Jesus went up the mountain and summoned those whom he wanted
and they came to him.
He appointed Twelve, whom he also named Apostles,
that they might be with him
and he might send them forth to preach
and to have authority to drive out demons
Now then when Jesus withdraws from the Pharisees, I can see what he withdrew from. It was not simply the Pharisees beliefs; Jesus beliefs many times were not in conflict with theirs. What he withdrew from then was something different. He did not barter deals by compromising with the Father. He did not endorse the bad to gain a little bit of good. He gathered his Apostles with the singular mission of restoring a relationship with God, and of being obedient to that God without compromise. He did not corrupt a relationship between God and man for political favor. Jesus maintained and preached incorruptibility. That then points to a separation not of simply Theology, but a separation of Good and Evil. He did not endorse a covenant that was being corrupted, but instead followed one that restored a true relation between God and man, and between mankind. His departure from the Pharisees was not an easy way out, far from it. It was though a way free from deceit.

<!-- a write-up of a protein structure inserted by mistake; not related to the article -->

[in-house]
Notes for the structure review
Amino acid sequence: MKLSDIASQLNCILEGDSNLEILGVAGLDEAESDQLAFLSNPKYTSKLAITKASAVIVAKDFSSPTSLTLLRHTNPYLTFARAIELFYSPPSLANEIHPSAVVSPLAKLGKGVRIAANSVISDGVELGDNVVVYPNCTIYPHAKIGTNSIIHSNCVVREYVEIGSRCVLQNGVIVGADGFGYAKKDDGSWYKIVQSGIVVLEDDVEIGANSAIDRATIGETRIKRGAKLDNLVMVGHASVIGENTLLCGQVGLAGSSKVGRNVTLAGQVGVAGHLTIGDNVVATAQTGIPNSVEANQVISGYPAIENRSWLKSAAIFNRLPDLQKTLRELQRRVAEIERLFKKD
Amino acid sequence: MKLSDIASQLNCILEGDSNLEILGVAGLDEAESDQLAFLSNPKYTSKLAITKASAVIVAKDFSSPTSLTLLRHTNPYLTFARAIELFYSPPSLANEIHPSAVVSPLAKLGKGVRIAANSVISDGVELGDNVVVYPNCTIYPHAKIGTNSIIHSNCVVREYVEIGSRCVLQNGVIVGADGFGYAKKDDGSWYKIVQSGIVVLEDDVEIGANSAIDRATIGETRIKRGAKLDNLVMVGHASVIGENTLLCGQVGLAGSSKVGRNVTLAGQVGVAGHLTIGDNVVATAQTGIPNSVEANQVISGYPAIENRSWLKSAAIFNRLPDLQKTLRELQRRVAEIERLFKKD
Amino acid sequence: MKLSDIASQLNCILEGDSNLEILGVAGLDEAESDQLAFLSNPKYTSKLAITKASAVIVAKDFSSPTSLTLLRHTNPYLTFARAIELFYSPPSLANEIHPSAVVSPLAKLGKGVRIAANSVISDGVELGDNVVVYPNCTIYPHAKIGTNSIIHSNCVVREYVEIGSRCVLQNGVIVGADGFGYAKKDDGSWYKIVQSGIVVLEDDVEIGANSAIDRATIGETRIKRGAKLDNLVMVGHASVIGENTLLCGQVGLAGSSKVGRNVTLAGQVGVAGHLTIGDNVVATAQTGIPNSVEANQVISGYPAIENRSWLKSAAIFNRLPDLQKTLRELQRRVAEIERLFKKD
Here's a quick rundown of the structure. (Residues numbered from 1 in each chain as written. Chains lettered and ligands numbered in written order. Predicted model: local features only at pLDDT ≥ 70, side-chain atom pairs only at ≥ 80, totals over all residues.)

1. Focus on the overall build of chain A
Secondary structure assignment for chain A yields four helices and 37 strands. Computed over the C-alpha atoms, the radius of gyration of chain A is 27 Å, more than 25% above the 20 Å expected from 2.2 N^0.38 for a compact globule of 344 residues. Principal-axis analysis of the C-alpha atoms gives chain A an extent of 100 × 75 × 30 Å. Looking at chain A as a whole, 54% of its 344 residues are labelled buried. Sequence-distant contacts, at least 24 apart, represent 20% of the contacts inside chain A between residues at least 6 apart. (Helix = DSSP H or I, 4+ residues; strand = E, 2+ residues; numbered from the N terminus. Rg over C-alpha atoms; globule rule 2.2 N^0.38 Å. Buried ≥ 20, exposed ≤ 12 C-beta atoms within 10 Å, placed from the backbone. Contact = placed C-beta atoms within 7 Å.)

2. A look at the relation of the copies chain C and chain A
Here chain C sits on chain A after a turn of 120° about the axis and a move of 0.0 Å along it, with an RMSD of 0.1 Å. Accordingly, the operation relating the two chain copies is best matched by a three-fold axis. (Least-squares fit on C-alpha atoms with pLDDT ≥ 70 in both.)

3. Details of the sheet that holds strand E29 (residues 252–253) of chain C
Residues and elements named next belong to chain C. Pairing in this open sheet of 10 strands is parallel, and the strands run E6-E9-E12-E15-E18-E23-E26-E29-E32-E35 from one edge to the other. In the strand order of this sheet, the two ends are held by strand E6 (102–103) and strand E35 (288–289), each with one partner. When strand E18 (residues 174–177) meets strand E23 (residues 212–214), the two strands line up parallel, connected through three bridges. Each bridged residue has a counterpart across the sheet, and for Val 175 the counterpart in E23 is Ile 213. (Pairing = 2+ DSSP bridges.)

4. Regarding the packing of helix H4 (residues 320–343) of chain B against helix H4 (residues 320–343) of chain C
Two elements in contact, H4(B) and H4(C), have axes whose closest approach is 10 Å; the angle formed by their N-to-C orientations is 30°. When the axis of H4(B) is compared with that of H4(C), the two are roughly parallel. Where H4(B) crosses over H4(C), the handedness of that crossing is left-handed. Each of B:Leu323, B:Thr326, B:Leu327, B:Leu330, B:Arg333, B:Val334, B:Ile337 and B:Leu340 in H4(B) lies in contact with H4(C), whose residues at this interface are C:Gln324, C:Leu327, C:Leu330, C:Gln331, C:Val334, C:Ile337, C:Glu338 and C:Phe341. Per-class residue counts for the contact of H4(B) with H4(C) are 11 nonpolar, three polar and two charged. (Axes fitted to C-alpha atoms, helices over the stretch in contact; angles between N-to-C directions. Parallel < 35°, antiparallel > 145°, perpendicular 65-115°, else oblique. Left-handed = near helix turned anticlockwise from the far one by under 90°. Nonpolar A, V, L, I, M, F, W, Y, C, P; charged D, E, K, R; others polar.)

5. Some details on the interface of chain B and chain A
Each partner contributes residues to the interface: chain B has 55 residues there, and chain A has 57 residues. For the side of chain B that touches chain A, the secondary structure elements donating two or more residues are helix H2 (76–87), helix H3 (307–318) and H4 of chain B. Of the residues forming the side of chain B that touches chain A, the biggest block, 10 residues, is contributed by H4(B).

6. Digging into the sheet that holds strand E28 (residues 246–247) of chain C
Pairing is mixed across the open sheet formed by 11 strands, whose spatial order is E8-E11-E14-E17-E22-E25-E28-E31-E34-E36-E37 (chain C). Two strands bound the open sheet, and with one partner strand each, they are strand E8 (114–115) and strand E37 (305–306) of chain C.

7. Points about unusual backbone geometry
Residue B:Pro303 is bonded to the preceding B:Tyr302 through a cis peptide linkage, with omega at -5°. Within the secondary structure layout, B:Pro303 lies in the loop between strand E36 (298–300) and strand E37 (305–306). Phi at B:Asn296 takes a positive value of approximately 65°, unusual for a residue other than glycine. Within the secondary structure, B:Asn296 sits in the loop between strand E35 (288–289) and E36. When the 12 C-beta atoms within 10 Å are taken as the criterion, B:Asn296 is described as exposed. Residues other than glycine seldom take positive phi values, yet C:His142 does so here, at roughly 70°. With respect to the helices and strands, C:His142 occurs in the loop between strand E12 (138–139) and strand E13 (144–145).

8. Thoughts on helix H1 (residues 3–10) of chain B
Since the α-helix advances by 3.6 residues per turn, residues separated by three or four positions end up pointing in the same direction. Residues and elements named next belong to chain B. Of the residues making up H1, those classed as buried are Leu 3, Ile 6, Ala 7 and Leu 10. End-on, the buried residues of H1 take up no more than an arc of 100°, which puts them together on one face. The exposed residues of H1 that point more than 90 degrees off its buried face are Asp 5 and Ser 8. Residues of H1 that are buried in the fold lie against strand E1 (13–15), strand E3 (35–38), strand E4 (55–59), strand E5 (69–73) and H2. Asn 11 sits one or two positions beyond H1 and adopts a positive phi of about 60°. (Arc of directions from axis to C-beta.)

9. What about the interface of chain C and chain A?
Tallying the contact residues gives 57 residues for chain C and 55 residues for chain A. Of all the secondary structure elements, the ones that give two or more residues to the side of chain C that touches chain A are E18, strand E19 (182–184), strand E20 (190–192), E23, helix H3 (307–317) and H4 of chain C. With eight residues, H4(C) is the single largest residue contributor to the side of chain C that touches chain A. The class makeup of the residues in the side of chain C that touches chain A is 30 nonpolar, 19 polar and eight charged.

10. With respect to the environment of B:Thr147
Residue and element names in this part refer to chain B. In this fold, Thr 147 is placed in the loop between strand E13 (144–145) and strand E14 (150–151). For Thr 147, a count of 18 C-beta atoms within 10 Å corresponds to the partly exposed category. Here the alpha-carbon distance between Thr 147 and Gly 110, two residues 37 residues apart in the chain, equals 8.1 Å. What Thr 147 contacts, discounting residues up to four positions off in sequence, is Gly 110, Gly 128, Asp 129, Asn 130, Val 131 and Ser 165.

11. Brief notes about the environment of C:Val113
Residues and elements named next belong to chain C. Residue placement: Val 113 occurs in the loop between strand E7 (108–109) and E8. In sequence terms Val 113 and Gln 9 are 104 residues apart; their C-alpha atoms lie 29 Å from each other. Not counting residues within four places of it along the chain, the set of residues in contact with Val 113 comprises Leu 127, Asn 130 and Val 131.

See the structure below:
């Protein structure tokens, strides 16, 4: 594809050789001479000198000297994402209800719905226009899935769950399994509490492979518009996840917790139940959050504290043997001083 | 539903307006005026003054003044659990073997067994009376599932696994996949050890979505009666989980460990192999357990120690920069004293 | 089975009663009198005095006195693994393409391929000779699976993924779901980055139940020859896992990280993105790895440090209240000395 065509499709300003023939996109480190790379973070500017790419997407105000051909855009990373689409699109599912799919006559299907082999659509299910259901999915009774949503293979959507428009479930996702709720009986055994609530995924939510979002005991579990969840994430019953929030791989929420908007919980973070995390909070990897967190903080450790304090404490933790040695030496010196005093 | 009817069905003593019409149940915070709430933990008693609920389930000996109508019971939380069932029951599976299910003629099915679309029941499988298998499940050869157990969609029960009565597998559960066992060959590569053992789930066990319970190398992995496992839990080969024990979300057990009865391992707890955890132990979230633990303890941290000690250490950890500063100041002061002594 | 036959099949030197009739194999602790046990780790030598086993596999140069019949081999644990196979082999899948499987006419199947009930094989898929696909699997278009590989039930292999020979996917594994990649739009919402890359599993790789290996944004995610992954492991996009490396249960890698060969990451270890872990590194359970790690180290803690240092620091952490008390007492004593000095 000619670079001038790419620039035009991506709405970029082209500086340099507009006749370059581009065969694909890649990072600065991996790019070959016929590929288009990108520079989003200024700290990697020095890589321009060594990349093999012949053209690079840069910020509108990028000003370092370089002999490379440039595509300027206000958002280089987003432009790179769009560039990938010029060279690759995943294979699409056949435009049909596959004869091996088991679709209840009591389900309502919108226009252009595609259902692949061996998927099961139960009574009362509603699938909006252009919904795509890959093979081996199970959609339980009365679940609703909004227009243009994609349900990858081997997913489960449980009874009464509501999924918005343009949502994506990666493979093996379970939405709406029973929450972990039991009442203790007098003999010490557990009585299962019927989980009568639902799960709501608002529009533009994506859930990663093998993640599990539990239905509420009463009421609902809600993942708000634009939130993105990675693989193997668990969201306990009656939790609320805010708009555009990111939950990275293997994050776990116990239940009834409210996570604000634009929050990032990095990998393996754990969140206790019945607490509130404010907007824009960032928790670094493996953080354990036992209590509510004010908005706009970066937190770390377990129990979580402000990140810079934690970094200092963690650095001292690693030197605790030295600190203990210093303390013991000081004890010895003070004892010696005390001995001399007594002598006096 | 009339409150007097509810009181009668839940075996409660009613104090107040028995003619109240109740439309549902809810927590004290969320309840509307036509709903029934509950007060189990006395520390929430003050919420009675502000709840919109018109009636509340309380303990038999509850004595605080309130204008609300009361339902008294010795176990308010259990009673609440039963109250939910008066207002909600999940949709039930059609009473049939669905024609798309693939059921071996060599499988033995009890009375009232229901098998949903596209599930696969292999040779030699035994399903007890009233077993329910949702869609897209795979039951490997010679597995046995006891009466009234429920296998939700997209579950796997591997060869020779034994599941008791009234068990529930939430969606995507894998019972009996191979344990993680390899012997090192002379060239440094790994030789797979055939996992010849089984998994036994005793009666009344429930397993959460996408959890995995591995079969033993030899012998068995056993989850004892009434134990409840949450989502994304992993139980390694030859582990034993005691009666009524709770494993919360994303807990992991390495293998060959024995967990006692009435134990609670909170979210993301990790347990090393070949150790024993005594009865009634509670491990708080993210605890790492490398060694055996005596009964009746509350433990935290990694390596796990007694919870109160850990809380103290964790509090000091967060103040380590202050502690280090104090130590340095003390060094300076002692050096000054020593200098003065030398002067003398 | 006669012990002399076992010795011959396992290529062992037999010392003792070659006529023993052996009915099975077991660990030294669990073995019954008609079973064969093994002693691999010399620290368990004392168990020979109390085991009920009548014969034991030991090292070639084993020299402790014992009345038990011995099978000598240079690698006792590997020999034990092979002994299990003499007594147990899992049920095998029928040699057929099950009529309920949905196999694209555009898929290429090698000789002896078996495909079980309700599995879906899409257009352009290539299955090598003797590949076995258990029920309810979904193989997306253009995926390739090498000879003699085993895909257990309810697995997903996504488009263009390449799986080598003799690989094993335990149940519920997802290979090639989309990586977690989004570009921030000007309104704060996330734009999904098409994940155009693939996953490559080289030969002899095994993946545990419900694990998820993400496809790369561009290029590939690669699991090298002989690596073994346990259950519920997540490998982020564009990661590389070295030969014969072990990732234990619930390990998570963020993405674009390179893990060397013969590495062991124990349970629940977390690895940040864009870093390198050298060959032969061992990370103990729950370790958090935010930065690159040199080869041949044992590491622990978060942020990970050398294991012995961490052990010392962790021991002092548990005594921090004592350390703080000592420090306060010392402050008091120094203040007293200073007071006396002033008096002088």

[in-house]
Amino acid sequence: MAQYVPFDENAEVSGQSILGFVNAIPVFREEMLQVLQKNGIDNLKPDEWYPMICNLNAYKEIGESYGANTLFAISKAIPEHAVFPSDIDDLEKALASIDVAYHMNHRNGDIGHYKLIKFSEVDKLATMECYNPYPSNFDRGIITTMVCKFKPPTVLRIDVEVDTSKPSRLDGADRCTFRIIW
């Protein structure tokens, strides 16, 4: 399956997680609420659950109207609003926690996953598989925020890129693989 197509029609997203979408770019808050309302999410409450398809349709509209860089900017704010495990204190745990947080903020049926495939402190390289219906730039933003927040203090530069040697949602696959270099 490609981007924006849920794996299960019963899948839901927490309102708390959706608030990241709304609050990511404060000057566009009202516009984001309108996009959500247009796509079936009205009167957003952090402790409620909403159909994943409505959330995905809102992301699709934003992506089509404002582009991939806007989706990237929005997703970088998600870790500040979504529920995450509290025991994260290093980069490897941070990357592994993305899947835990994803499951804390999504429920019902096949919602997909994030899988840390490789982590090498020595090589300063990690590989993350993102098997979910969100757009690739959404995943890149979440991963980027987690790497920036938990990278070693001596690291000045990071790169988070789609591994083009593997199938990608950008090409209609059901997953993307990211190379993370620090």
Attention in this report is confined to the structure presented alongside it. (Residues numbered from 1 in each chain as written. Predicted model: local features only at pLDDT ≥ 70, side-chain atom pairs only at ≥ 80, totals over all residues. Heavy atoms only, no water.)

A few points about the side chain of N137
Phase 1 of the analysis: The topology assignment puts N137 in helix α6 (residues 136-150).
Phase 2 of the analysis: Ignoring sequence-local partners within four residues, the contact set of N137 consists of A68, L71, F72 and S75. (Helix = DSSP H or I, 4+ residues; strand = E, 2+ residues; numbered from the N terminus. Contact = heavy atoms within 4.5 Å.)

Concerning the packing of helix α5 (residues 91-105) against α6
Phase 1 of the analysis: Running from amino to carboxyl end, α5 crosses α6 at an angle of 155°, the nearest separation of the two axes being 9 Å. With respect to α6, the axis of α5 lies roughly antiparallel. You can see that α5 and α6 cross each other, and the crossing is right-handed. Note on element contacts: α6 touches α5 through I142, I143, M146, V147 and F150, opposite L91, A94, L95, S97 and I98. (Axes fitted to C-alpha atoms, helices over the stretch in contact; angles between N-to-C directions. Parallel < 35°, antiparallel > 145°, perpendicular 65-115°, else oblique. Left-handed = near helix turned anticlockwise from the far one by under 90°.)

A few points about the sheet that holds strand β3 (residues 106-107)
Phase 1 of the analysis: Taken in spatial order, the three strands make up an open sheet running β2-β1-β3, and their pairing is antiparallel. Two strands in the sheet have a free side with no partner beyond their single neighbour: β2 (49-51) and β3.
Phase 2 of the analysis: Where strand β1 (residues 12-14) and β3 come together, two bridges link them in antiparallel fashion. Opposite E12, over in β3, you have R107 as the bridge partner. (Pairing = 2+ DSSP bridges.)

I think of that withdrawal from the Pharisees as I ponder and negotiate the culture of today. I can accept the compromises and bartering that is done in contemporary culture. I can choose to go with the mainstream of todays culture, and I can do so comfortably. I can also go the route of Jesus and withdraw from the compromises and corruptions of todays culture and follow the path he laid out. The choice is mine, but do I want to be a Christian who makes compromises simply to gain some power, prestige, or to simply fit in? I think not. I think it is better to follow the example of those Apostles and leave all of that behind and truly follow Him. It might not get me elected into office, or gain me an important business deal, and it might even generate some anger against me. To follow one means to go against another, but that is after all what it means to be Christian; to follow the path of Christ without compromise in hope of residing in His promise of that Kingdom of God.